“But man, being endowed with reason, and in this respect similar to God, having been made free in his will, and with power over himself, is himself his own cause that sometimes he becomes wheat, and sometimes chaff.” (Irenaeus (c. 180, E/W), 1.466.)

“God has always preserved freedom and the power of self-government in man. Yet, at the same time, He issued His own exhortations, in order that those who do not obey Him would be righteously judged because they have not obeyed Him. And those who have obeyed and believed on Him should be honored with immortality.” (Irenaeus (c. 180, E/W), 1.480.)

[The Marcionites] say, “But God hardened the heart of Pharaoh and of his servants.” Now those who allege such difficulties do not read in the Gospel the passage where the Lord replied to the disciples, when they asked Him, “Why do you speak in parables?” He replied: “Because it is given to you to know the mystery of the kingdom of heaven. However, I speak to them in parables so that seeing they may not see and hearing they many not hear.” . . . So God knows the number of those who will not believe, since He foreknows all things. So He has given them over to unbelief and turned His face away from men of this character, leaving them in the darkness that they have chosen for themselves. So what is baffling if He gave Pharaoh and those who were with him over to their unbelief? For they would never have believed.” (Irenaeus (c. 180, E/ W), 1.502.)

“Let your light so shine before men, that they may see your good deeds”. . . . And “Why call me, Lord, Lord, and do not do the things that I say?”. . . . All such passages demonstrate the independent will of man. . . . For it is in man’s power to disobey God and to forfeit what is good.” (Irenaeus (c. 180, E/W), 1.519.)

“If, then, it were not in our power to do or not to do these things, what reason did the apostle have, and much more the Lord Himself, to give us counsel to do some things, and to abstain from others? But because man is possessed of free will from the beginning, and God is possessed of free will (in whose likeness man was created), advice is always given to him to hold fast to the good, which is done through obedience to God. God has preserved the will of man free and under his own control. This is not merely in works, but also in faith.” (Irenaeus (c. 180, E/W), 1.519.)

“Nor, again, does God exercise compulsion upon anyone unwilling to accept the exercise of His skill. . . . They have been created free agents and possessed of power over themselves.” (Irenaeus (c. 180, E/W), 1.523.)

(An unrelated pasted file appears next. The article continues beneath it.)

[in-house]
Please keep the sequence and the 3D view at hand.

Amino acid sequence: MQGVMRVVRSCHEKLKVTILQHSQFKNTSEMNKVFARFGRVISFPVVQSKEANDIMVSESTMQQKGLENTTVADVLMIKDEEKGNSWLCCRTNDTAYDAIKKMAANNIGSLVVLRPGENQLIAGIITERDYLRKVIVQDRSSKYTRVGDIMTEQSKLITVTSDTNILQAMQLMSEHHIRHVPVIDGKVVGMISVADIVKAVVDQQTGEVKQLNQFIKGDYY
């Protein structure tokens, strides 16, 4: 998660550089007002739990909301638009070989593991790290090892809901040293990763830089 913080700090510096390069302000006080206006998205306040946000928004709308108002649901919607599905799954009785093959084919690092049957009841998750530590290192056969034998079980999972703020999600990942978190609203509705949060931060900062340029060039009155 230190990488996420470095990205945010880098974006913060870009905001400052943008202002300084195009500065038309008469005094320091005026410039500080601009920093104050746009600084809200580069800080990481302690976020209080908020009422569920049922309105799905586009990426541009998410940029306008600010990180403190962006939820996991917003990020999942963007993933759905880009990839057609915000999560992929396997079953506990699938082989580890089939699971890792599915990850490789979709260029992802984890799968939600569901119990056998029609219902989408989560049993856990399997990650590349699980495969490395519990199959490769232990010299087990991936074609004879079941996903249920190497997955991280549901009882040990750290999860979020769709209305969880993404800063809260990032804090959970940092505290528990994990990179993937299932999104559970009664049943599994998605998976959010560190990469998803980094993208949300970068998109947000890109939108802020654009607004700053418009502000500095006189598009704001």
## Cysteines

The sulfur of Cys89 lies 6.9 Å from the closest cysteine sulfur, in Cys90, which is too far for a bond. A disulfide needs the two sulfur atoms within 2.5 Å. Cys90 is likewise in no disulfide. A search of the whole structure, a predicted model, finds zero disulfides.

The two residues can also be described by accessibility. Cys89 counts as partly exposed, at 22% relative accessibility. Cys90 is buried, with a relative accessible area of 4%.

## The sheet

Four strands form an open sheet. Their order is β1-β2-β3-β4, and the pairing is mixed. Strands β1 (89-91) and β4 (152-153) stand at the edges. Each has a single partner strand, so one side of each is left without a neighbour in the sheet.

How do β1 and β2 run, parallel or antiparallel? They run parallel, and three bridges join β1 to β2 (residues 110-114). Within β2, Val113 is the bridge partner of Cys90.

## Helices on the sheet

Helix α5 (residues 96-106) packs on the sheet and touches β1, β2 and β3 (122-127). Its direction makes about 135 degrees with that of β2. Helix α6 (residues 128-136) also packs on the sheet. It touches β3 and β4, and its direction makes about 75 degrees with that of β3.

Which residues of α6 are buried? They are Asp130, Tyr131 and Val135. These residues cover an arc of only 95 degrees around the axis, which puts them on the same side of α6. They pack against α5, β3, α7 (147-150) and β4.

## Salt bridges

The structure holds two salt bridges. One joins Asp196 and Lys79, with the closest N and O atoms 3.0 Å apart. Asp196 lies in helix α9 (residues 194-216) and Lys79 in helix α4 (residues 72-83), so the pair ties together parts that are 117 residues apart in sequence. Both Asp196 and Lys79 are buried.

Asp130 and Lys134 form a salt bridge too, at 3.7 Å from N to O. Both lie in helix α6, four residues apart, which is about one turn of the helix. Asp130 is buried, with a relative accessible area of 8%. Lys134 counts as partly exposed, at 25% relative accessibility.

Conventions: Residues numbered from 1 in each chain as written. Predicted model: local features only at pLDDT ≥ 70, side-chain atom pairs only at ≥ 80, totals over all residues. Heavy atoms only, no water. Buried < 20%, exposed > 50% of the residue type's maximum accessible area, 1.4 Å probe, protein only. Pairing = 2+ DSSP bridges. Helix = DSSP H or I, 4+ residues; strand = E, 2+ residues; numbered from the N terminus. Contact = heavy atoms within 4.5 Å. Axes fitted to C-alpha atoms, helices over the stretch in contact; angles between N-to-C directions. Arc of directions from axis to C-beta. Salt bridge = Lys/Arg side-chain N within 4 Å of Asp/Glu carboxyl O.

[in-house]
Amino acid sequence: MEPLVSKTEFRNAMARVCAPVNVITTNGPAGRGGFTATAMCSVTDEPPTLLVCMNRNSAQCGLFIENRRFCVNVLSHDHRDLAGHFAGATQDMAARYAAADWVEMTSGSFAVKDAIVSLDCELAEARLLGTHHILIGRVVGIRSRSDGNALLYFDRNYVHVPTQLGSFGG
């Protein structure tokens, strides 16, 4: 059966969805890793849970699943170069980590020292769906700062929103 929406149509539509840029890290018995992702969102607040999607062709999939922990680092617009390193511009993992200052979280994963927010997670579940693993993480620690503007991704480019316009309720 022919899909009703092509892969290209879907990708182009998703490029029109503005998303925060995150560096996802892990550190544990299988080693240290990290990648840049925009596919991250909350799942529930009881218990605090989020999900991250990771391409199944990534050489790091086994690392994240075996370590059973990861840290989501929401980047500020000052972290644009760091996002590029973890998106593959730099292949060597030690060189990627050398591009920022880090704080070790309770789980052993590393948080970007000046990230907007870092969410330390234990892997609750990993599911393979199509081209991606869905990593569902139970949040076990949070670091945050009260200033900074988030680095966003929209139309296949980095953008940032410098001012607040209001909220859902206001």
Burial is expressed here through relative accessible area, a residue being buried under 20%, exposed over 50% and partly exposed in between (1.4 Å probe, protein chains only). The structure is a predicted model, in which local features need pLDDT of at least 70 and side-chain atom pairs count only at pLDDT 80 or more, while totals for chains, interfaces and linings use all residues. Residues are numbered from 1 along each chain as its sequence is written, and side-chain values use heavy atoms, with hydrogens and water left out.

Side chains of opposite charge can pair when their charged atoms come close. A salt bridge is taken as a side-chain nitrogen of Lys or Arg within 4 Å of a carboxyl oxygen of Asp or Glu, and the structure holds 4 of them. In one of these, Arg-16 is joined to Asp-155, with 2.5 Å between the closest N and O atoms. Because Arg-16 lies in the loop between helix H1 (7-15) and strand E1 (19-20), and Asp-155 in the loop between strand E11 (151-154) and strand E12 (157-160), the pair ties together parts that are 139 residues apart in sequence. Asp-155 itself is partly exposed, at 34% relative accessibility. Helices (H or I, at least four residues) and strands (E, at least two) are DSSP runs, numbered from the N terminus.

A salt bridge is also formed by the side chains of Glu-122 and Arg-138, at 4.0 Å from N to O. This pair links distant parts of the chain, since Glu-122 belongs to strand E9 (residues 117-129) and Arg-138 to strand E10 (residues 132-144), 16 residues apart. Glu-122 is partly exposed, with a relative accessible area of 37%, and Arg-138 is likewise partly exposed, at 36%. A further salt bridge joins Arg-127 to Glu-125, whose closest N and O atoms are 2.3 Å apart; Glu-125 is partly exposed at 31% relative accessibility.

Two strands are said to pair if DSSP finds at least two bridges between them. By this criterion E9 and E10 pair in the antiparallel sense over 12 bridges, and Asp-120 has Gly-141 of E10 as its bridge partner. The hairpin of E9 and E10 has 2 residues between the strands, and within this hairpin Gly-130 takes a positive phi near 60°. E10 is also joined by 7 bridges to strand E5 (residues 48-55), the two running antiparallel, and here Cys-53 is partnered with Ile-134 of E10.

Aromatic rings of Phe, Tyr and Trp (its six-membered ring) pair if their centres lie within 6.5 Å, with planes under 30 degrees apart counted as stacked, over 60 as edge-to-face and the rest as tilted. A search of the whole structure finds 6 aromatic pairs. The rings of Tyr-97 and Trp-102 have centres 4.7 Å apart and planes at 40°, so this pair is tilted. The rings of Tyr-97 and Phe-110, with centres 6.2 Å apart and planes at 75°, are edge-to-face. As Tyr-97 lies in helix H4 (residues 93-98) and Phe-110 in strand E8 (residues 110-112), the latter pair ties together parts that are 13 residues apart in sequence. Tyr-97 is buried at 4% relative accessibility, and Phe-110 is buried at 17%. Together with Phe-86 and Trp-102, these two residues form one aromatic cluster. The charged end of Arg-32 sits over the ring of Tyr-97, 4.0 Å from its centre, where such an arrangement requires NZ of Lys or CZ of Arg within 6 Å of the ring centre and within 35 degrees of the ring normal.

“Those who believe, do His will agreeably to their own choice. Likewise, agreeably to their own choice, the disobedient do not consent to His doctrine. It is clear that His Father has made everyone in a like condition, each person having a choice of his own and a free understanding.” (Irenaeus (c. 180, E/W), 1.556.)

“We . . . have believed and are saved by voluntary choice. Clement of Alexandria (c. 195, E), 2.217. Each one of us who sins with his own free will, chooses punishment. So the blame lies with him who chooses. God is without blame.” (Clement of Alexandria (c. 195, E), 2.226.)

“It is by one’s own fault that he does not choose what is best. God is free of blame.” (Clement of Alexandria (c. 195, E), 2.300.)

“Neither praises nor censures, neither rewards nor punishments, are right if the soul does not have the power of inclination and disinclination and if evil in involuntary. . . . In no respect is God the author of evil. But since free choice and inclination originate sins, . . . punishments are justly inflicted.” (Clement of Alexandria (c. 195, E), 2.319.)

“We have heard by the Scriptures that selfdetermining choice and refusal have been given by the Lord to men. Therefore, we rest in the infallible criterion of faith, manifesting a willing spirit, since we have chosen life.” (Clement of Alexandria (c. 195, E), 2.349.)

“To obey or not is in our own power, provided we do not have the excuse of ignorance.” (Clement of Alexandria (c. 195, E), 2.353.)

“Sin, then, is voluntary on my part.” (Clement of Alexandria (c. 195, E), 2.362.)

“The Lord clearly shows sins and transgressions to be in our own power, by prescribing modes of cure corresponding to the maladies. Clement of Alexandria (c. 195, E), 2.363. Their estrangement is the result of free choice.” (Clement of Alexandria (c. 195, E), 2.426.)

These quotations from the church fathers are introduced as historical testimony and not inspired Scripture.

They teach us some very important facts.

First, from the time that the Gnostics began introducing their particular pagan doctrines (original sin, unconditional election and predestination, irresistible grace, limited atonement, and the perseverance of the saints, all of which eventually made their way into Calvinism), the early church universally and loudly stood up and opposed these notions for what they were: heresy.

Second, the Gnostics made a practice of taking Scriptures and wresting them out of their context to try and advocate their ideas. As we will see, John Calvin and his followers followed (and continue to follow) in his footsteps.

In our next lesson, we will learn how the Gnostics continued to make a profound impact in the early world.